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Brexit and the Balance of Power

Faced with a rising China, a declining but risk-inclined Russia, and the prospect of prolonged turmoil in the Middle East, close transatlantic cooperation will be crucial to maintaining a liberal international order over the long term. By weakening both Europe and Britain, the UK's withdrawal from the EU would threaten such an order.

CAMBRIDGE – Britain joined what became the European Union in 1973. This year, on June 23, it will hold a referendum on whether to leave. Should it?

Current polls show a closely divided electorate. Prime Minister David Cameron claims that the concessions he has won from Britain’s EU partners should lay to rest popular concerns about a loss of sovereignty to Brussels and an influx of foreign workers from Eastern Europe. But Cameron’s Conservative Party and his own cabinet are deeply divided, while London’s populist mayor, Boris Johnson, has joined the supporters of British exit.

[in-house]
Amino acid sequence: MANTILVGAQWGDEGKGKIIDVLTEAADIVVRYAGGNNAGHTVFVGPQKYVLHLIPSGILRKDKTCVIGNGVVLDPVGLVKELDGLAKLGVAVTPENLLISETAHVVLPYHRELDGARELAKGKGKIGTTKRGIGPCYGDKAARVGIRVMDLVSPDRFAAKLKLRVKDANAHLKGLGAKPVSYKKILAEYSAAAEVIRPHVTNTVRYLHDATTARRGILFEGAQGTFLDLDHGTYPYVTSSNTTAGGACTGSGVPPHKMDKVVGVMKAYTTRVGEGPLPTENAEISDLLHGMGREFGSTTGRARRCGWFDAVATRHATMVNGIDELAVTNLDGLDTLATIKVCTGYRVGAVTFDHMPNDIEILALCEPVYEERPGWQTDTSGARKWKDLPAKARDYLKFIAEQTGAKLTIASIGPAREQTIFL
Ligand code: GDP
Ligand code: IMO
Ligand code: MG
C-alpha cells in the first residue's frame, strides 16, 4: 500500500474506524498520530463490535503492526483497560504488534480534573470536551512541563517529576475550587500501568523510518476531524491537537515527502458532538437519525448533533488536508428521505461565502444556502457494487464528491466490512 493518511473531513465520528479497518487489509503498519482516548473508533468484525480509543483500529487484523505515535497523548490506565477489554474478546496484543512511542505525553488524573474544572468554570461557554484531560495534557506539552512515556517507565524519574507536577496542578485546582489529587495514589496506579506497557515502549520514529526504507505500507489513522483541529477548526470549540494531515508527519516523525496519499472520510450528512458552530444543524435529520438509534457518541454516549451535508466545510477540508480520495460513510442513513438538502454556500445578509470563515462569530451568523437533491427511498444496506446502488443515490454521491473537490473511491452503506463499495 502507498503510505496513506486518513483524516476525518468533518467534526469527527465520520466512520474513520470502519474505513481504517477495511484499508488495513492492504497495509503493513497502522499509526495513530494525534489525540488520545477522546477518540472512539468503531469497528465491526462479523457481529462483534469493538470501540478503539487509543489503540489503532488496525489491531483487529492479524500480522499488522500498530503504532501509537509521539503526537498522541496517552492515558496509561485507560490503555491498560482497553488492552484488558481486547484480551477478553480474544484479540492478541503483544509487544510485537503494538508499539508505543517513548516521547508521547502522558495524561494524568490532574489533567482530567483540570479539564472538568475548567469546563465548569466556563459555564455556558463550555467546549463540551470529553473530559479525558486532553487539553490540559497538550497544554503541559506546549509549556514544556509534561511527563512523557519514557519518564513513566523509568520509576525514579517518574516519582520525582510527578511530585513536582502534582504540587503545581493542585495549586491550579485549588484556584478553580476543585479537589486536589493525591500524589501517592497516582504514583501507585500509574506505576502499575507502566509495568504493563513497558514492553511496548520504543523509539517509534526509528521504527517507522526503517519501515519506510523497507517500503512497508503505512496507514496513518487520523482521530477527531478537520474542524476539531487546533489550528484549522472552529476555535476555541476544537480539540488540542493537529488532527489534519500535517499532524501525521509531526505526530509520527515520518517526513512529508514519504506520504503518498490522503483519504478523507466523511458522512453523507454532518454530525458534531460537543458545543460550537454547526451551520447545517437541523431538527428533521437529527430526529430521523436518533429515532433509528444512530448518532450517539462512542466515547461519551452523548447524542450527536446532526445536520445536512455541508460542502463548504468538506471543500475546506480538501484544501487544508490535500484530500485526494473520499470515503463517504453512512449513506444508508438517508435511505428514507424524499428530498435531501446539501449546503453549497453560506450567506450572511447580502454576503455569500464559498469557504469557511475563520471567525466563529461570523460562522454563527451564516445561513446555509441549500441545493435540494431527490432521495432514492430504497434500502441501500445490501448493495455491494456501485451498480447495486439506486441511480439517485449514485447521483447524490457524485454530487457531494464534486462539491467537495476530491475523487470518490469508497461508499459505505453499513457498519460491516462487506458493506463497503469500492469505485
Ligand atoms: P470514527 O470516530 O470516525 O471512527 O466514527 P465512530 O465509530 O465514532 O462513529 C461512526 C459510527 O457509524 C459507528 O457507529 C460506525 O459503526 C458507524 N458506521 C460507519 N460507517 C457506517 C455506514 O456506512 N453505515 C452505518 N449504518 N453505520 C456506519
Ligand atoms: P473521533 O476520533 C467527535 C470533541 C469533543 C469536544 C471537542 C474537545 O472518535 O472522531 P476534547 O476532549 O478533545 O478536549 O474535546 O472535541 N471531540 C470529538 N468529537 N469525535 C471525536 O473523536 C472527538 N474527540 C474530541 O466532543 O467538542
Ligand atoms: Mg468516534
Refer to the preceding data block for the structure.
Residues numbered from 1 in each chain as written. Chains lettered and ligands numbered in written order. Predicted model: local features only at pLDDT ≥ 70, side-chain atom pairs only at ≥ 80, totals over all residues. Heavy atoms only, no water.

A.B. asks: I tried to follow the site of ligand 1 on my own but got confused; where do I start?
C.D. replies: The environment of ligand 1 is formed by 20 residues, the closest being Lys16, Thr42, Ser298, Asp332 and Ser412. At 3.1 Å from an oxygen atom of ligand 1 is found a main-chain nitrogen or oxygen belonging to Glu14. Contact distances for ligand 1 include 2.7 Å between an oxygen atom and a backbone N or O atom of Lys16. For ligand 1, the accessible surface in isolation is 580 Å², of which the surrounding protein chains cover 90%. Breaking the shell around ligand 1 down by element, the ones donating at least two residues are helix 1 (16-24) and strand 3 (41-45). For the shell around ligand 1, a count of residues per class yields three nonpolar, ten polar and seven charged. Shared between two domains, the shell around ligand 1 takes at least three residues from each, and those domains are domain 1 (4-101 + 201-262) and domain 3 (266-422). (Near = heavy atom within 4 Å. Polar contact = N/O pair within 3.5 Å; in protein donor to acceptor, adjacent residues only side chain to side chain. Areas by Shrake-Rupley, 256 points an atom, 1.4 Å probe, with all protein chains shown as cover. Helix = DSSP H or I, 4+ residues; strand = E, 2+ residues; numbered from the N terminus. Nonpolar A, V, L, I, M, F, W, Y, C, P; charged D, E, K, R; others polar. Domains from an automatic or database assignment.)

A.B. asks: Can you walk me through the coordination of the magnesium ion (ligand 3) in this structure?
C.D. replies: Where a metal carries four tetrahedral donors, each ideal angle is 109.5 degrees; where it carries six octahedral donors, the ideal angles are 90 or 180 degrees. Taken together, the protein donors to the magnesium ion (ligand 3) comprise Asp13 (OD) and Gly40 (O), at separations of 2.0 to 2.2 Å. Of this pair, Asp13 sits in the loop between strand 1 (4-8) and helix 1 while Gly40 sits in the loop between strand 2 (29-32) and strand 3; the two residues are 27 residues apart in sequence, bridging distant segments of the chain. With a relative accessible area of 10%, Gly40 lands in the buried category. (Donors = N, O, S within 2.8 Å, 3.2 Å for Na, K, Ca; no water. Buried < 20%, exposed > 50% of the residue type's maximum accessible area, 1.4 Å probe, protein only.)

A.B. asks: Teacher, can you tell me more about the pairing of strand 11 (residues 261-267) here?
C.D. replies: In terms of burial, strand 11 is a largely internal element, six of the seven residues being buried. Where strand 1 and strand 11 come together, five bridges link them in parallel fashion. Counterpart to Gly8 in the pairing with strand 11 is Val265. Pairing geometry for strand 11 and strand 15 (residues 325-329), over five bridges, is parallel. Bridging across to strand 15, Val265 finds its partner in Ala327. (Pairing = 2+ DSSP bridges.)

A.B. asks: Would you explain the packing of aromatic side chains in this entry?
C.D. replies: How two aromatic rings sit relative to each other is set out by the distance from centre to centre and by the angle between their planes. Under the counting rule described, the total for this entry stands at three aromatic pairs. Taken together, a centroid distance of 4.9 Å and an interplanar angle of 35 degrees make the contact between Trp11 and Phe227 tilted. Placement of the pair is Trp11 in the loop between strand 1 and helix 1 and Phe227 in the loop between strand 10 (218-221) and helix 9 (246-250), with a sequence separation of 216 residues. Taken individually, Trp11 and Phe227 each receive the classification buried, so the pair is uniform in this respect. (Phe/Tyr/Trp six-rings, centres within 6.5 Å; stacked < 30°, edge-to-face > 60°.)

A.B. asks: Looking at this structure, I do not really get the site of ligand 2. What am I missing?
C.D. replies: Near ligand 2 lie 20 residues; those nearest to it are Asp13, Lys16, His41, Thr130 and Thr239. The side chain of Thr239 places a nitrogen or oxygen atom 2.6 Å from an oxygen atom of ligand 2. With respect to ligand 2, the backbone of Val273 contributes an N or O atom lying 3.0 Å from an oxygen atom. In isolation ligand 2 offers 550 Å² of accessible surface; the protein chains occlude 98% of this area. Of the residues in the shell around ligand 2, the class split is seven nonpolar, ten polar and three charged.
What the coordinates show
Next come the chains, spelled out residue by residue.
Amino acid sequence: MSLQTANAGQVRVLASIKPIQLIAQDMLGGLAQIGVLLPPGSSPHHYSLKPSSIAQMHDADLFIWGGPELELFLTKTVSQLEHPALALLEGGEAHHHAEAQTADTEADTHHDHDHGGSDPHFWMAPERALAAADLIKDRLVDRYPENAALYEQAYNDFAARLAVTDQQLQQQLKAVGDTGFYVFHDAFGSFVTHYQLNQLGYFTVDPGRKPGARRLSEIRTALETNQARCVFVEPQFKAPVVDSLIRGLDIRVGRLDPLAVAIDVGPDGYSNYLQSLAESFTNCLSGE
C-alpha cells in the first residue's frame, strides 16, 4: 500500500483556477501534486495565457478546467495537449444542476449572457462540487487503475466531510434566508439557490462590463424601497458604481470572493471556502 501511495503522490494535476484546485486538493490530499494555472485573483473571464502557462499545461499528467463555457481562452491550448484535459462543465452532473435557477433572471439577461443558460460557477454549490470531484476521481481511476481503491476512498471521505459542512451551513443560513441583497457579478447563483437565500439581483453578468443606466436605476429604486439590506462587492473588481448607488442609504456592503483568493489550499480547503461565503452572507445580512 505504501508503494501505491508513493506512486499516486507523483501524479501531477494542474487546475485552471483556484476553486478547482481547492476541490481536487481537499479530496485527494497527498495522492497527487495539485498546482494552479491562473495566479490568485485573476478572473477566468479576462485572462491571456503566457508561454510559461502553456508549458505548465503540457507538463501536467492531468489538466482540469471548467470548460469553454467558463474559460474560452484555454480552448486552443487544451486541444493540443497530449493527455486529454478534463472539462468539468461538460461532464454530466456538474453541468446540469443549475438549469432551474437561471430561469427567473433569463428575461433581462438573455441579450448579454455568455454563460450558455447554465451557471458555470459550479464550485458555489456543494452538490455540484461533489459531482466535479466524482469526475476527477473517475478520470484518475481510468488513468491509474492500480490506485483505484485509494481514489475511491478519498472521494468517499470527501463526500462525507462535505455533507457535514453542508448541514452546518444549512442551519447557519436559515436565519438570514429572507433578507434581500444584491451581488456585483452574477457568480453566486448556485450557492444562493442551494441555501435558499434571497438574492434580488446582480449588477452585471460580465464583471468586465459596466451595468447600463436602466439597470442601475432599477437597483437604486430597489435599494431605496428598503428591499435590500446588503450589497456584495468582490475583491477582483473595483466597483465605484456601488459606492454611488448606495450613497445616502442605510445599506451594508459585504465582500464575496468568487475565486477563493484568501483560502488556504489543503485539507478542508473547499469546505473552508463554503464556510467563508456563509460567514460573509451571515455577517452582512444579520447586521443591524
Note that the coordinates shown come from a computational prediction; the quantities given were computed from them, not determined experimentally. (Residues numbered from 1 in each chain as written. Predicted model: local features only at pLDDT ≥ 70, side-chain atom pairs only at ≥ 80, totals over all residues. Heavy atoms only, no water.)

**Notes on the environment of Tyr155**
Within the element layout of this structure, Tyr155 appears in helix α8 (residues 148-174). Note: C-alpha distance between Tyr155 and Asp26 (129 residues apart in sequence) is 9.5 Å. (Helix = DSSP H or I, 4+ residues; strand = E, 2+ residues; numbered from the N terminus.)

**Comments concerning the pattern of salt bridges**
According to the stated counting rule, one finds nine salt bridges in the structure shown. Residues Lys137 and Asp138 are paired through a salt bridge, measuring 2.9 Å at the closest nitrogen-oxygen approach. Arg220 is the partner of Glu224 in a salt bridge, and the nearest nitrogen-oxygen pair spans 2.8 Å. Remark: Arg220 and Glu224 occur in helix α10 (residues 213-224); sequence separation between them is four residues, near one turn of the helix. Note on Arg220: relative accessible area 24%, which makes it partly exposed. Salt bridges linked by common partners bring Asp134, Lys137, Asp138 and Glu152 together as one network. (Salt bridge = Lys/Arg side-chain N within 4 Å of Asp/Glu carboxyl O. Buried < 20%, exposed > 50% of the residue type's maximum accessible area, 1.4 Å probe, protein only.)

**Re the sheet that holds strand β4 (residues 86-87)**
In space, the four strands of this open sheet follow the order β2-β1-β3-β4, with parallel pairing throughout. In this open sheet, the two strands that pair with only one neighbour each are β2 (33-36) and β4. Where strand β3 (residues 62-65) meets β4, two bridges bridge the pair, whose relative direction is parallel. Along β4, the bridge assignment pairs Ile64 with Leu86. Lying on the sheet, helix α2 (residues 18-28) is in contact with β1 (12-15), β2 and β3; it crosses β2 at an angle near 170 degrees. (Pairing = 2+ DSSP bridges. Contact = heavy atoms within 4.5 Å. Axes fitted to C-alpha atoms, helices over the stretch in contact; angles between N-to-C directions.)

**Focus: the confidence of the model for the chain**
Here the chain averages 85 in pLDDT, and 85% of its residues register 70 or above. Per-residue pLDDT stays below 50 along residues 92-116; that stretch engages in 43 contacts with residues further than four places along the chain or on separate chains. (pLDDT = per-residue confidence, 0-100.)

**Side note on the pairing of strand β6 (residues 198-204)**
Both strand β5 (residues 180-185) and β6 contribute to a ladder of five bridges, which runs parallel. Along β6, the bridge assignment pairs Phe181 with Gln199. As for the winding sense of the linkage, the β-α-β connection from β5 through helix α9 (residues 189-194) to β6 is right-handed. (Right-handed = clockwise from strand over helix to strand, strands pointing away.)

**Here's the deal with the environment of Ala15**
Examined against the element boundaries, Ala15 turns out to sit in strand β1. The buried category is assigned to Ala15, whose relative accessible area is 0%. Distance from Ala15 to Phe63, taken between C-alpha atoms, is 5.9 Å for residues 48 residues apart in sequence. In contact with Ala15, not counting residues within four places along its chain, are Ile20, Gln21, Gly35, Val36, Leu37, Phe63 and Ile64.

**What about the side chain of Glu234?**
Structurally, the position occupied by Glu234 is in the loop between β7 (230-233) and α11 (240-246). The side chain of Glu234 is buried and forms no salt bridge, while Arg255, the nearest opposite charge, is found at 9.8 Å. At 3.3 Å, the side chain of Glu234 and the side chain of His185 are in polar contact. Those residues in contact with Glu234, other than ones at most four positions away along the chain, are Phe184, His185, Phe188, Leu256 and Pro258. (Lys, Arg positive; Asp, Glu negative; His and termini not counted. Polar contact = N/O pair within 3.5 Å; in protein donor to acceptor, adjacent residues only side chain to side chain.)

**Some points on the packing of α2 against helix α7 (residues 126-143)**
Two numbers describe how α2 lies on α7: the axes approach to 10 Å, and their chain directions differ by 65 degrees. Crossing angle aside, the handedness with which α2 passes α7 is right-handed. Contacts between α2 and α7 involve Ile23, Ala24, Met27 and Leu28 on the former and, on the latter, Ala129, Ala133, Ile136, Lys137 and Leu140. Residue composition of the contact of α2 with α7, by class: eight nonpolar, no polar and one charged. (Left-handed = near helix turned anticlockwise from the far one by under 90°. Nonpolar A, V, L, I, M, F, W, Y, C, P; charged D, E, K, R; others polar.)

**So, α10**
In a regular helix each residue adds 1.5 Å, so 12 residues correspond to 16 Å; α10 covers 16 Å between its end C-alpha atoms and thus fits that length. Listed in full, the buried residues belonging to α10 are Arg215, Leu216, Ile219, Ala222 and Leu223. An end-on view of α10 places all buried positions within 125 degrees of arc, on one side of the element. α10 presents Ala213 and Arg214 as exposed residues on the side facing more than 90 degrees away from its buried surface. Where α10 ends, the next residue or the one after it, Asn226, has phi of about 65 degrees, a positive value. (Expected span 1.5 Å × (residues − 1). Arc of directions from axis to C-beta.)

The question of the costs and benefits of British membership in the EU divides the British press as well. Many mass-circulation publications support “Brexit,” whereas the financial press supports continued membership. The Economist, for example, points out that some 45% of British exports go to other EU countries, and that the atmosphere for negotiating a post-Brexit trade deal would likely be frosty.

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